Stop-loss order

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"A 'stop-loss' order' directs the military to suspend all separations from service during a conflict, and could also direct the calling back of discharged personnel into active service as part of activating reservists, should they be needed."[1]

Reporting in the December 29, 2003, edition of the Washington Post, Lee Hockstader wrote that the "Army Stops Many Soldiers From Quitting. Orders Extend Enlistments to Curtail Troop Shortages".

"...thousands of soldiers [have been] forbidden to leave military service under the Army's 'stop-loss' orders, intended to stanch the seepage of troops, through retirement and discharge, from a military stretched thin by its burgeoning overseas missions.
"To the Pentagon, stop-loss orders are a finger in the dike -- a tool to halt the hemorrhage of personnel, and maximize cohesion and experience, for units in the field in Iraq, Afghanistan and elsewhere. Through a series of stop-loss orders, the Army alone has blocked the possible retirements and departures of more than 40,000 soldiers, about 16,000 of them National Guard and reserve members who were eligible to leave the service this year. Hundreds more in the Air Force, Navy and Marines were briefly blocked from retiring or departing the military at some point this year.
"By prohibiting soldiers and officers from leaving the service at retirement or the expiration of their contracts, military leaders have breached the Army's manpower limit of 480,000 troops, a ceiling set by Congress."

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External links

  • 20 April 1999: "White House Mum on G.I. Stop-Loss Order", "The White House refused to comment Monday on Friday's Fox News report revealing that "President Bill Clinton has ordered thousands who were planning to leave the military to stay in uniform until this conflict is over." The order was part of the Pentagon's call-up of 33,000 more reserve troops -- soldiers desperately needed to rescue Clinton's Serbian military initiative."
  • 20 September 2001: "Log Cabin Praises Pentagon 'Stop-Loss' Order -- Pledges Support for National Defense Suspension of Separations Allows Commanders to Retain Gay Soldiers, Gay Reservists and Discharged Soldiers Can Be Called Back",
  • 21 March 2002: "War On Terror Keeps Thousands In Service Involuntarily" by by Tom Philpott, "Service ``stop loss orders, the first issued soon after President George W. Bush declared war on terrorism, are a big deal inside the military, causing turbulence and uncertainty for thousands of service families. Plans to move to new towns, take new jobs, enroll children in new schools have been shelved indefinitely."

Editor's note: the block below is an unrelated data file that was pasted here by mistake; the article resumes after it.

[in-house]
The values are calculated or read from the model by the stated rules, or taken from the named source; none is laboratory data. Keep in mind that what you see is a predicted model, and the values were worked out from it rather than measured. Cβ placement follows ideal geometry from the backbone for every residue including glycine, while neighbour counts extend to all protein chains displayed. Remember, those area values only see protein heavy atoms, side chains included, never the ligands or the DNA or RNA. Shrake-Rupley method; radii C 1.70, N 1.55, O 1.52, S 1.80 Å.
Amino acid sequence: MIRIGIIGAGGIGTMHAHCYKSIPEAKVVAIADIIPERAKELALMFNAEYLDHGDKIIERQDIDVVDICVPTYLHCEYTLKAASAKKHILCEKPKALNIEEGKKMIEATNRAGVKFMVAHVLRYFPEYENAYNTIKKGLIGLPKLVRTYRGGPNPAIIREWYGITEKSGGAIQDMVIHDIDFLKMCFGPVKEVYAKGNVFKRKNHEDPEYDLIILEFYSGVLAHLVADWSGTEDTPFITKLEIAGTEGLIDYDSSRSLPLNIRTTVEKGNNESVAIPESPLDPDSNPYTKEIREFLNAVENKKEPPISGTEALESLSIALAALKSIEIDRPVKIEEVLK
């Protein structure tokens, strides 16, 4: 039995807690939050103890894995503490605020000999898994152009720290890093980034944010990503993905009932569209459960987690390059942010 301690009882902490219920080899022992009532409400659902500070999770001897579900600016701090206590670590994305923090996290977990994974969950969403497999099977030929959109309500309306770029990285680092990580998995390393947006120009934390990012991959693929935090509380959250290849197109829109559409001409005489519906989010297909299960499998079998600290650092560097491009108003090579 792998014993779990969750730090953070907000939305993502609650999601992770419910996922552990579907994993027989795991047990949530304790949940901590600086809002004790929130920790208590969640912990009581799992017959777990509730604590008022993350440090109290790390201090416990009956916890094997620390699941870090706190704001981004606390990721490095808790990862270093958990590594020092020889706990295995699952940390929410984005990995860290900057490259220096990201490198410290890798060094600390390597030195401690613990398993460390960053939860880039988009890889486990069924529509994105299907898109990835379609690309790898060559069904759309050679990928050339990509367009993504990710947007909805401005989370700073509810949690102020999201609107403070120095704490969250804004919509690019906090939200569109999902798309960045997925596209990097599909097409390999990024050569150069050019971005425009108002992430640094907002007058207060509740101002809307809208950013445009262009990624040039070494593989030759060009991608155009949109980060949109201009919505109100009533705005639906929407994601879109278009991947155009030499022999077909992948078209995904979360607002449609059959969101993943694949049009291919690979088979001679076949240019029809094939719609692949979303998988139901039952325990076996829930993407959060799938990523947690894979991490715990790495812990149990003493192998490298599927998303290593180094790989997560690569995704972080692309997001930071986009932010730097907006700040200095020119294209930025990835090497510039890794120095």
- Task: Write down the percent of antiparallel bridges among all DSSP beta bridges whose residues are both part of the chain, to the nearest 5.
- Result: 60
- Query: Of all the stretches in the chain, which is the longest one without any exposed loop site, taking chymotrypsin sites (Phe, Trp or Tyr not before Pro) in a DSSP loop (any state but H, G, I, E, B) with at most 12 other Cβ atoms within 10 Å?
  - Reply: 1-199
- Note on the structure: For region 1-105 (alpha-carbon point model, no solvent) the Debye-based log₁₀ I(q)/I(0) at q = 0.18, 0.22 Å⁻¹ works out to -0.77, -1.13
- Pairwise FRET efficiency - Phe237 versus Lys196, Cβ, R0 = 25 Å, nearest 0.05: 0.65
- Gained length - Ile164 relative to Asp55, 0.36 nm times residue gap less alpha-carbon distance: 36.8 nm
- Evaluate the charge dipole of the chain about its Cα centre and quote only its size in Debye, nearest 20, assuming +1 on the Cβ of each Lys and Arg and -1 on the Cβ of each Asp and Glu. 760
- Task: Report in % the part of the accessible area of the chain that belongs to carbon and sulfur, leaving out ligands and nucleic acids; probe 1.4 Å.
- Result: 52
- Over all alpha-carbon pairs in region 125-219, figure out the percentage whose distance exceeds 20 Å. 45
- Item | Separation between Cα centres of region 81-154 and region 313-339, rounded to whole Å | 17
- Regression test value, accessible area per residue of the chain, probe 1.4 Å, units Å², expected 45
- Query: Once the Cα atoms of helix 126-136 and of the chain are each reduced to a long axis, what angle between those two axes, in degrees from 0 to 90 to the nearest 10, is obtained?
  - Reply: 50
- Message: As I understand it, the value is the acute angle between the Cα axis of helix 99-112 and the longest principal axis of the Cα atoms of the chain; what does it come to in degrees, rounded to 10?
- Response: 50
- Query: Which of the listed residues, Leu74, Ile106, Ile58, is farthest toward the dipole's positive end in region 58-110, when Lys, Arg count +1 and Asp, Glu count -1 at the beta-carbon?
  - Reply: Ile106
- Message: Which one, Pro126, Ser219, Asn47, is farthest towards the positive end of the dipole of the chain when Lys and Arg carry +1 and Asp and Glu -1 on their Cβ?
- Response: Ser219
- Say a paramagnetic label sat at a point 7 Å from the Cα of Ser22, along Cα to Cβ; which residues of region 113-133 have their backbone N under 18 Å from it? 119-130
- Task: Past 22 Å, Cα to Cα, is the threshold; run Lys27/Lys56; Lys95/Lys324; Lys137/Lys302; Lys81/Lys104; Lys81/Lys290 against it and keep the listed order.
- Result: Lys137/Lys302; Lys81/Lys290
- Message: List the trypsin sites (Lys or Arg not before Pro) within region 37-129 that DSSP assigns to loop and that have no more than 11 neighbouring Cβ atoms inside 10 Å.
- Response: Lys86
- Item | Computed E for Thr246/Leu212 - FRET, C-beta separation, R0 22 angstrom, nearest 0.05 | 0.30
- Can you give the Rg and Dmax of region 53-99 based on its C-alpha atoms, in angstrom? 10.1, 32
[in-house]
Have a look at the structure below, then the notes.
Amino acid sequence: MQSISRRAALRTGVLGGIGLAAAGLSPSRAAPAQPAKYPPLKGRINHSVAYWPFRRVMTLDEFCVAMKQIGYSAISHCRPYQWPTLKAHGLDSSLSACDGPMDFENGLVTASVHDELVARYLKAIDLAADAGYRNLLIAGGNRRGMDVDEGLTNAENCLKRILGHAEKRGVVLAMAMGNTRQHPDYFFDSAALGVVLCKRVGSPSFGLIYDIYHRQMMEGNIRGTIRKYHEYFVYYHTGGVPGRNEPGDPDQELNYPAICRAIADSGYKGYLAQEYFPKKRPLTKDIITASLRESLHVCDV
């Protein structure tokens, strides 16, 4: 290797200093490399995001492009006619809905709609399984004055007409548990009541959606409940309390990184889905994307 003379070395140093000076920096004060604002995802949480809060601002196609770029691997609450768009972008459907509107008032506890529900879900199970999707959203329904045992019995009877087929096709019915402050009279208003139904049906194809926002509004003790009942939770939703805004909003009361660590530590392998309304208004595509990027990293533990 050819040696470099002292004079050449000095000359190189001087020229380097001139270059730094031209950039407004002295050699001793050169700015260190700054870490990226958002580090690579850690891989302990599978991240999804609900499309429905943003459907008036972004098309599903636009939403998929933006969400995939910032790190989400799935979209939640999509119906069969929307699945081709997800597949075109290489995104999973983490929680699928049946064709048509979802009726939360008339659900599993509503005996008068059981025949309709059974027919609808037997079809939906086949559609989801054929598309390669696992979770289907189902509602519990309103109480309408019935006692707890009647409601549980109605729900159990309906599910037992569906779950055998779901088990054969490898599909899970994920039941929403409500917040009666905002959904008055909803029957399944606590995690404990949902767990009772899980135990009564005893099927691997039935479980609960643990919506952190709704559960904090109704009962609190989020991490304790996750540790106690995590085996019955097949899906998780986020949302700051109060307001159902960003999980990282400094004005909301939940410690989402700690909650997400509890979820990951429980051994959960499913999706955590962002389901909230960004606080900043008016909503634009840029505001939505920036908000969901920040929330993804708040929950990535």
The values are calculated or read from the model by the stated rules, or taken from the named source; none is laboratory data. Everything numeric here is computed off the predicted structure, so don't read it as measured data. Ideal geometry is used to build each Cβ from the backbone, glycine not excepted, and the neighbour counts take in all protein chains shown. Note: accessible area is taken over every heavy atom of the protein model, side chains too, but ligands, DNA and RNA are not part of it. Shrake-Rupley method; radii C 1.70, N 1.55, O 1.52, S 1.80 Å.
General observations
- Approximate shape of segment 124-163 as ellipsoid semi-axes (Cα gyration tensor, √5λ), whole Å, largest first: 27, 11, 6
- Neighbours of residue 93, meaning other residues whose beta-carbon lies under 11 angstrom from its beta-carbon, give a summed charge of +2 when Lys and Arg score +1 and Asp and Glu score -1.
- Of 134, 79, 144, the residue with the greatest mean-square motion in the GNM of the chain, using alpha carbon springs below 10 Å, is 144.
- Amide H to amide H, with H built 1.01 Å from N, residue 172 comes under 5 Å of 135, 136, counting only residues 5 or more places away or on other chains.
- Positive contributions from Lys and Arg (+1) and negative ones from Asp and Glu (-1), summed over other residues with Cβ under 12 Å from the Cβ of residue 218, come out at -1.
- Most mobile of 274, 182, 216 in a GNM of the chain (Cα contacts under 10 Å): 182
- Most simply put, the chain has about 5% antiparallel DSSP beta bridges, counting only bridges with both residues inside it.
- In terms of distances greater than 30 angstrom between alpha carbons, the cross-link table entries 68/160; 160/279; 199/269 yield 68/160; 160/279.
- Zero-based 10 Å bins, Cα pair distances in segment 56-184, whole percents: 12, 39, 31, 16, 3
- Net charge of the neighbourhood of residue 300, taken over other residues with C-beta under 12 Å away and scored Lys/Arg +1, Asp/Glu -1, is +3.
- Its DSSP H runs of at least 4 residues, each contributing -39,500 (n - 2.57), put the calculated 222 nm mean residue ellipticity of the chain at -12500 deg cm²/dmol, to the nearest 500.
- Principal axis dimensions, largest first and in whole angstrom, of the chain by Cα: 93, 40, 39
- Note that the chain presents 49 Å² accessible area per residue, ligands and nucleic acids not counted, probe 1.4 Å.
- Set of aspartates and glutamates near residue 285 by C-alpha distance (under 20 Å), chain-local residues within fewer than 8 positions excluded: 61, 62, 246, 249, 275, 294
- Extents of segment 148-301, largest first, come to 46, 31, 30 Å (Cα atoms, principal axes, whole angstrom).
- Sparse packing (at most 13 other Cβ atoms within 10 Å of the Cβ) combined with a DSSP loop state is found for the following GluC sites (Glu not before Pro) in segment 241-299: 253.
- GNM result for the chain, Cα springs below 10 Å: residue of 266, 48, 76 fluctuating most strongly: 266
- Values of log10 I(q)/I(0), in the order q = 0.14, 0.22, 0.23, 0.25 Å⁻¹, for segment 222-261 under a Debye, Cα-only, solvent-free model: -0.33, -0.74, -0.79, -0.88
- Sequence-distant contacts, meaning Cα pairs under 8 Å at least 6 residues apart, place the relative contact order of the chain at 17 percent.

• 29 April 2002: "Stop loss" by George S. Kulas, enterstageright: "Since Sept 11 the military services have not experienced a dramatic increase in enlistments. This is what military recruiters told the Senate Armed Services military personnel subcommittee on March 20th. Senator Max Cleland, D-Ga, chairman of the subcommittee expressed concern, not only because military leaders have told him they are having difficulties meeting current goals but also because they would have to meet much loftier goals if authorized personnel strength is increased due to expanding military missions/requirements. ... As it is the military is so short handed in some specialties that many of those who have already served out their enlistments are being forced to stay on involuntarily. Even some service members who have served over 20 years are being told they cannot retire. In the U.S. Army alone the 'Stop-Loss' Order has affected over 10,000 soldiers in over 30 occupational fields."
  • 29 May 2003: "Army partially lifts Stop-Loss order", Global Security: "The Army has lifted "Stop Loss" for active-component units involved in Operation Iraqi Freedom and for soldiers in about half of the specialties that had been required to stay on active duty. ... Assistant Secretary of the Army for Manpower and Reserve Affairs Reginald J. Brown approved the partial lifting of Stop Loss May 27. ... This lifting of Stop Loss will allow about 16,000 active-component, 4,900 Army Reserve and 675 National Guard soldiers to leave active duty if they want between now and October, personnel officials said."